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22-07-2004, 10:46   #1
BaZmO*
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Veni, Vedi, Vechi

Can anybody tell me what this means?

Cheers,

B.
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22-07-2004, 11:24   #2
Dun
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Is that the actual spelling? Is it supposed to be "veni, vidi, vici" (Latin - I came, I saw, I conquered - a Julius Caesar quote I believe)? Or maybe it's a pun on it.
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22-07-2004, 11:32   #3
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Originally posted by Dun
Is that the actual spelling? Is it supposed to be "veni, vidi, vici" (Latin - I came, I saw, I conquered - a Julius Caesar quote I believe)? Or maybe it's a pun on it.
I wouldn't think that the spelling was right. Your explanation seems about right though, considering the context that it was said in.

Cheers!
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22-07-2004, 13:37   #4
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Well if it makes it any clearer, the vici part is pronounced "vee-chee"
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22-07-2004, 13:49   #5
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It could be a pun (I've seen similar ones used in adverts on the Metro in Rome). Given this vechi is at best a misspelling of vecchi (old) - and TBH, that’s a pun that does not make a lot of sense. I would guess that vici was the correct word as has been suggested.
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05-08-2004, 21:08   #6
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Quote:
Originally Posted by Dun
Well if it makes it any clearer, the vici part is pronounced "vee-chee"
Only if you learned Church Latin.
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17-08-2004, 21:44   #7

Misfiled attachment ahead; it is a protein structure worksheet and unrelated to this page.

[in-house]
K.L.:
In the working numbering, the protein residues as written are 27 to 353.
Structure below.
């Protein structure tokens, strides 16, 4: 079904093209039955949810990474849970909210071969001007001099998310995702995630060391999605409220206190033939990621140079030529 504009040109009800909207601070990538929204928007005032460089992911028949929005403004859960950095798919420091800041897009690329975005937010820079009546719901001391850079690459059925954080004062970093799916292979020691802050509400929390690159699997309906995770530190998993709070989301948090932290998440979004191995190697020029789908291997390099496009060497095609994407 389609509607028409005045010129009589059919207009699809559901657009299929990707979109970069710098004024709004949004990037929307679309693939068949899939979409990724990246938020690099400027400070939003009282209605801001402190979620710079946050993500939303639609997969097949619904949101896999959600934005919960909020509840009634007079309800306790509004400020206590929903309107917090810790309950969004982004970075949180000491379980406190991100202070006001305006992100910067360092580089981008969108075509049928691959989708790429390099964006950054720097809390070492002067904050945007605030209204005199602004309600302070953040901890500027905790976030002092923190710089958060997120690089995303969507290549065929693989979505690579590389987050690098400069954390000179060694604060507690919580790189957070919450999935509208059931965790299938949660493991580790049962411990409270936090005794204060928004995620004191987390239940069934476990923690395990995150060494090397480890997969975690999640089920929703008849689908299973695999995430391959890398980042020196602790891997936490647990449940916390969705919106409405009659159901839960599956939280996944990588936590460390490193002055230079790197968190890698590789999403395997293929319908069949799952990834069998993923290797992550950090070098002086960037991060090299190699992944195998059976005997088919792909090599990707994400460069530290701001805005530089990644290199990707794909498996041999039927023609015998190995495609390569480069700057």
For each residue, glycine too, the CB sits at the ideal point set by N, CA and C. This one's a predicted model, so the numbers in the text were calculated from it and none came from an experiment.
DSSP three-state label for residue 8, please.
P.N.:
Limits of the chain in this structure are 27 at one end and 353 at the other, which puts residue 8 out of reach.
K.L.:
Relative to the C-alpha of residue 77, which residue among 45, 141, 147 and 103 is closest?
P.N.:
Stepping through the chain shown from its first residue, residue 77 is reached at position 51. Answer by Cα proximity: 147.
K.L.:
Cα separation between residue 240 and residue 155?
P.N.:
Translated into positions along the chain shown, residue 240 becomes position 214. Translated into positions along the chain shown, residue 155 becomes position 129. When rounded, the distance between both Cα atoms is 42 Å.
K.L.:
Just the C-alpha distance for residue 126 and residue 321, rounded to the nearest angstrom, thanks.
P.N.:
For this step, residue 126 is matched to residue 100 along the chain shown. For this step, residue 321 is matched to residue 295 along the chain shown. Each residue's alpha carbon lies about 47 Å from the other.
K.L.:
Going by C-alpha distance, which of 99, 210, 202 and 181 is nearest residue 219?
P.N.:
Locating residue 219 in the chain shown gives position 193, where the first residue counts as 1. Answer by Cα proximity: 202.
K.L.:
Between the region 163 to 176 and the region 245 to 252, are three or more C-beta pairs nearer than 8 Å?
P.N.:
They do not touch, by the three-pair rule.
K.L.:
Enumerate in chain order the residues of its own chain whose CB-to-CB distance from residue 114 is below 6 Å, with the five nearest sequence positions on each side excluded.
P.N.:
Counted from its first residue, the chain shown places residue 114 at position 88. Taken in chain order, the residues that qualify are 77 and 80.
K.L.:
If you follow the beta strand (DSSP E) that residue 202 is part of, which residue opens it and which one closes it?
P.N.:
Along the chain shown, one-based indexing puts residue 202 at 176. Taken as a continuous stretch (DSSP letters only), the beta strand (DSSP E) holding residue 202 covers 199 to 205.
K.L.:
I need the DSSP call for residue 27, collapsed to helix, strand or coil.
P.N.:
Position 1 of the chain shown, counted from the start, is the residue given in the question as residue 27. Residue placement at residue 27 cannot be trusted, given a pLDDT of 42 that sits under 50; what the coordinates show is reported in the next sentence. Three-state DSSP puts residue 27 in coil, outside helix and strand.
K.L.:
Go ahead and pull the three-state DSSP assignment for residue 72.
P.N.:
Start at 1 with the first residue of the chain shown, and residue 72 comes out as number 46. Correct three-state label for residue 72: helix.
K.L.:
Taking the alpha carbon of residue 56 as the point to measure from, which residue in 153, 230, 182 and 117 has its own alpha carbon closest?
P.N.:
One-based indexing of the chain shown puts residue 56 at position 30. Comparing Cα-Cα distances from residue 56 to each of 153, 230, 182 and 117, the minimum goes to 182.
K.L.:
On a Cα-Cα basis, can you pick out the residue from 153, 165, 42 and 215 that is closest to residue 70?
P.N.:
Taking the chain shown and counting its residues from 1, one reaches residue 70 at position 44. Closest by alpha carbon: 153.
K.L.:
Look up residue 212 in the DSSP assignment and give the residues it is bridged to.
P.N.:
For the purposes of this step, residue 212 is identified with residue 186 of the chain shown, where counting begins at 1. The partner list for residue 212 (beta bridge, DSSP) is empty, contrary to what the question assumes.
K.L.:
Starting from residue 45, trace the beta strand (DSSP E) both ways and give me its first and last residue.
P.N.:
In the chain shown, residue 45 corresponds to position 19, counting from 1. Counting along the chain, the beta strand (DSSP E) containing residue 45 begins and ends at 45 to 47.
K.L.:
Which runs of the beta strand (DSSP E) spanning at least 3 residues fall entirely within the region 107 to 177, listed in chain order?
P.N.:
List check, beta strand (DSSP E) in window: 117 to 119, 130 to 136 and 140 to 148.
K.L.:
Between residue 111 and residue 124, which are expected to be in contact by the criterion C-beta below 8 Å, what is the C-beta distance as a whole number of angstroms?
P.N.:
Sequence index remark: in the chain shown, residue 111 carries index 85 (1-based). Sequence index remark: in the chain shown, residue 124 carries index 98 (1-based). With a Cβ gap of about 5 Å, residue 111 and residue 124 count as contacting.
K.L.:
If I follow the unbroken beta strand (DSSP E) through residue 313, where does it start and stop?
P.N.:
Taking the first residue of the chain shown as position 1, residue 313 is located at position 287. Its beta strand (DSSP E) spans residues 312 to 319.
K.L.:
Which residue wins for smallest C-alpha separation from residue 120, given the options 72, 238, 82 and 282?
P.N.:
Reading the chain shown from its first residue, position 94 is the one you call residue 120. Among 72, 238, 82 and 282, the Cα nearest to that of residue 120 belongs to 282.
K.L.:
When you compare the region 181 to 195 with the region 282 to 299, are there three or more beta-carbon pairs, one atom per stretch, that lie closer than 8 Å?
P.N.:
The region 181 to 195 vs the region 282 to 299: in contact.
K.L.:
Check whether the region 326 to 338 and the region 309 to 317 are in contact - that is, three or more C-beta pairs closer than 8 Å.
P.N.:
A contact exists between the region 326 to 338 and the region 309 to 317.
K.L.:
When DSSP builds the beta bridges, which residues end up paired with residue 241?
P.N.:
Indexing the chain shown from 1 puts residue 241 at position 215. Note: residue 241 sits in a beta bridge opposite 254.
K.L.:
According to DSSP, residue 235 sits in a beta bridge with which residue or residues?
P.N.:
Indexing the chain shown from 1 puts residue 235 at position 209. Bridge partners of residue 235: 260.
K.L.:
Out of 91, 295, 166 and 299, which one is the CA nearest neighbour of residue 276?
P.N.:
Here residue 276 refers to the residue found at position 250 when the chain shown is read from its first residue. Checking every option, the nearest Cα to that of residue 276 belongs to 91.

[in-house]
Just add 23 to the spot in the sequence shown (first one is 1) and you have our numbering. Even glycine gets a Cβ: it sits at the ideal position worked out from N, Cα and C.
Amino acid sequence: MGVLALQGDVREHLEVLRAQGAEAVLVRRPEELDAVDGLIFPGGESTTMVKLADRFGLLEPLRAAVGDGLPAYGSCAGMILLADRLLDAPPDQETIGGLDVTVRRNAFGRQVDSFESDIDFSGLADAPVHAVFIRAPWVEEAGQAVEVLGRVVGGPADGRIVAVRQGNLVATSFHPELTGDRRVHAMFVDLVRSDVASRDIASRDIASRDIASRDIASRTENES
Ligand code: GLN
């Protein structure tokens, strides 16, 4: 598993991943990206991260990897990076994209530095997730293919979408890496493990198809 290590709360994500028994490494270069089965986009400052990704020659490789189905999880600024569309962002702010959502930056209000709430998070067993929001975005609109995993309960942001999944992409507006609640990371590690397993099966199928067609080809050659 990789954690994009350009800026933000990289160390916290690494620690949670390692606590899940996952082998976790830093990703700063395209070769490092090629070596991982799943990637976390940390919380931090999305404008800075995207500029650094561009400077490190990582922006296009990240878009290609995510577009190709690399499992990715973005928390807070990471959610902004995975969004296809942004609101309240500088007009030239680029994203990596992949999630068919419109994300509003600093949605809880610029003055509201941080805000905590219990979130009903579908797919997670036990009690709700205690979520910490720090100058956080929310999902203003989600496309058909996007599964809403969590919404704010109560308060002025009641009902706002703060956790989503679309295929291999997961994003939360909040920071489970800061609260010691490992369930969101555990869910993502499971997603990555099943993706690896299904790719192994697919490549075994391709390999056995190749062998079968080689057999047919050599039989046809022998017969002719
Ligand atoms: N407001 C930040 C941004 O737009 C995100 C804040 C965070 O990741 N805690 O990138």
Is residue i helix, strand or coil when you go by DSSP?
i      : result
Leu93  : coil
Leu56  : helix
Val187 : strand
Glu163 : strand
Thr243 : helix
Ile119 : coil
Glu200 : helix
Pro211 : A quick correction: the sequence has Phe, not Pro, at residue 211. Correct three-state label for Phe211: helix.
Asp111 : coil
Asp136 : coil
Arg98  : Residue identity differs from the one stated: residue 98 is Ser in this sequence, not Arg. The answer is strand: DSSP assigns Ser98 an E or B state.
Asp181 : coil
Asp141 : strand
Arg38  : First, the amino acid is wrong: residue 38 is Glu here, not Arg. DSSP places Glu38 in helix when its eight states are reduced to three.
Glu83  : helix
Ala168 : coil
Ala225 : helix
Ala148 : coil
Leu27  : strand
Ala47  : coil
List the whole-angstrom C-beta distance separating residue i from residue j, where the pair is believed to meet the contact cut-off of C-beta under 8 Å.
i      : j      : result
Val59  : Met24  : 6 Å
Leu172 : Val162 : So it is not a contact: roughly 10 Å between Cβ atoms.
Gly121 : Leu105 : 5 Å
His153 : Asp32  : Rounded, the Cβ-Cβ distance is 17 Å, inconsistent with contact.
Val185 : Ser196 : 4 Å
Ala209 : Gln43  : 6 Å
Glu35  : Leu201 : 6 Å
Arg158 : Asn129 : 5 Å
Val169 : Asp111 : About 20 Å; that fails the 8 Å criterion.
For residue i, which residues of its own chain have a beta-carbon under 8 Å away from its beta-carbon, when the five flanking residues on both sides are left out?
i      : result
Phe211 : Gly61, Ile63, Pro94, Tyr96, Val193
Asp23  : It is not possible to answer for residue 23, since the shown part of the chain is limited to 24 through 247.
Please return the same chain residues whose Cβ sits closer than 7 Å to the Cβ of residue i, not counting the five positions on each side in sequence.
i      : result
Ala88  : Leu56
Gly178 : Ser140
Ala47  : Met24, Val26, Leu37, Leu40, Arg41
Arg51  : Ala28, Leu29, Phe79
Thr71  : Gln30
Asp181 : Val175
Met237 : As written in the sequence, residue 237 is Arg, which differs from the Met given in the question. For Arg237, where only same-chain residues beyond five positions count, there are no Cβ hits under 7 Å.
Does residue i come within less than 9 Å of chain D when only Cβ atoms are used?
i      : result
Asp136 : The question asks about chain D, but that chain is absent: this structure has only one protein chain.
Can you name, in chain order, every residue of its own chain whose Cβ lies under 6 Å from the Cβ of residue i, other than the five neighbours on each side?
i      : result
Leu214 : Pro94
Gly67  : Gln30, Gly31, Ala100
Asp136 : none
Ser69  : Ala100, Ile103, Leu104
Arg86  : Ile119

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Only if you learned Church Latin.
I was told you pronounce c with a hard sound in latin - like cecinit (composed) would be pronounced kek-in-it.

But apparently priests used to pronounce Latin like Italian and in fairness, it sounds better that way.

Maybe we need a Latin forum!
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18-08-2004, 13:00   #8
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Quote:
Originally Posted by sceptre
Only if you learned Church Latin.
Or use the common place pronunciation in English (like et cetera., vice versa, ad hoc, etc. (no pun intended).
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29-09-2004, 15:48   #9
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Quote:
Originally Posted by Dun
Is that the actual spelling? Is it supposed to be "veni, vidi, vici" (Latin - I came, I saw, I conquered - a Julius Caesar quote I believe)? Or maybe it's a pun on it.
That's the right solution
"Veni, vidi, vici" is the correct phrase, and was said by Julio Ceasar in the Roman Senatus when I came back from a difficult war that was dominated by Roman Forces. The meaning is "I came, I saw, I won (or conquered, it's the same) and the pronunciation for you should be:
"Veanee, vee-dee, vee-chee"

or, more correctly as Latin had only strong C
"Veanee, vee-dee, vee-kee"

Sorry for my english
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29-09-2004, 23:27   #10
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when I came back from a difficult war that was dominated by Roman Forces.
Damn your old I thought he said it upon walking out of his tent somewhere in North Africa?
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30-09-2004, 10:22   #11
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LOL I'm not so old
I don't know why I used "I" instead of "he".. I'm getting crazy
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30-09-2004, 12:19   #12
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Originally Posted by Etrurian
I don't know why I used "I" instead of "he".. I'm getting crazy
And even he didn't use "I".
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30-09-2004, 13:50   #13
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The english "I" was "Ego" in latin (and also in ancient greek) but it wasn't used. In actual Italian "I" is "io" but it isn't used too much.
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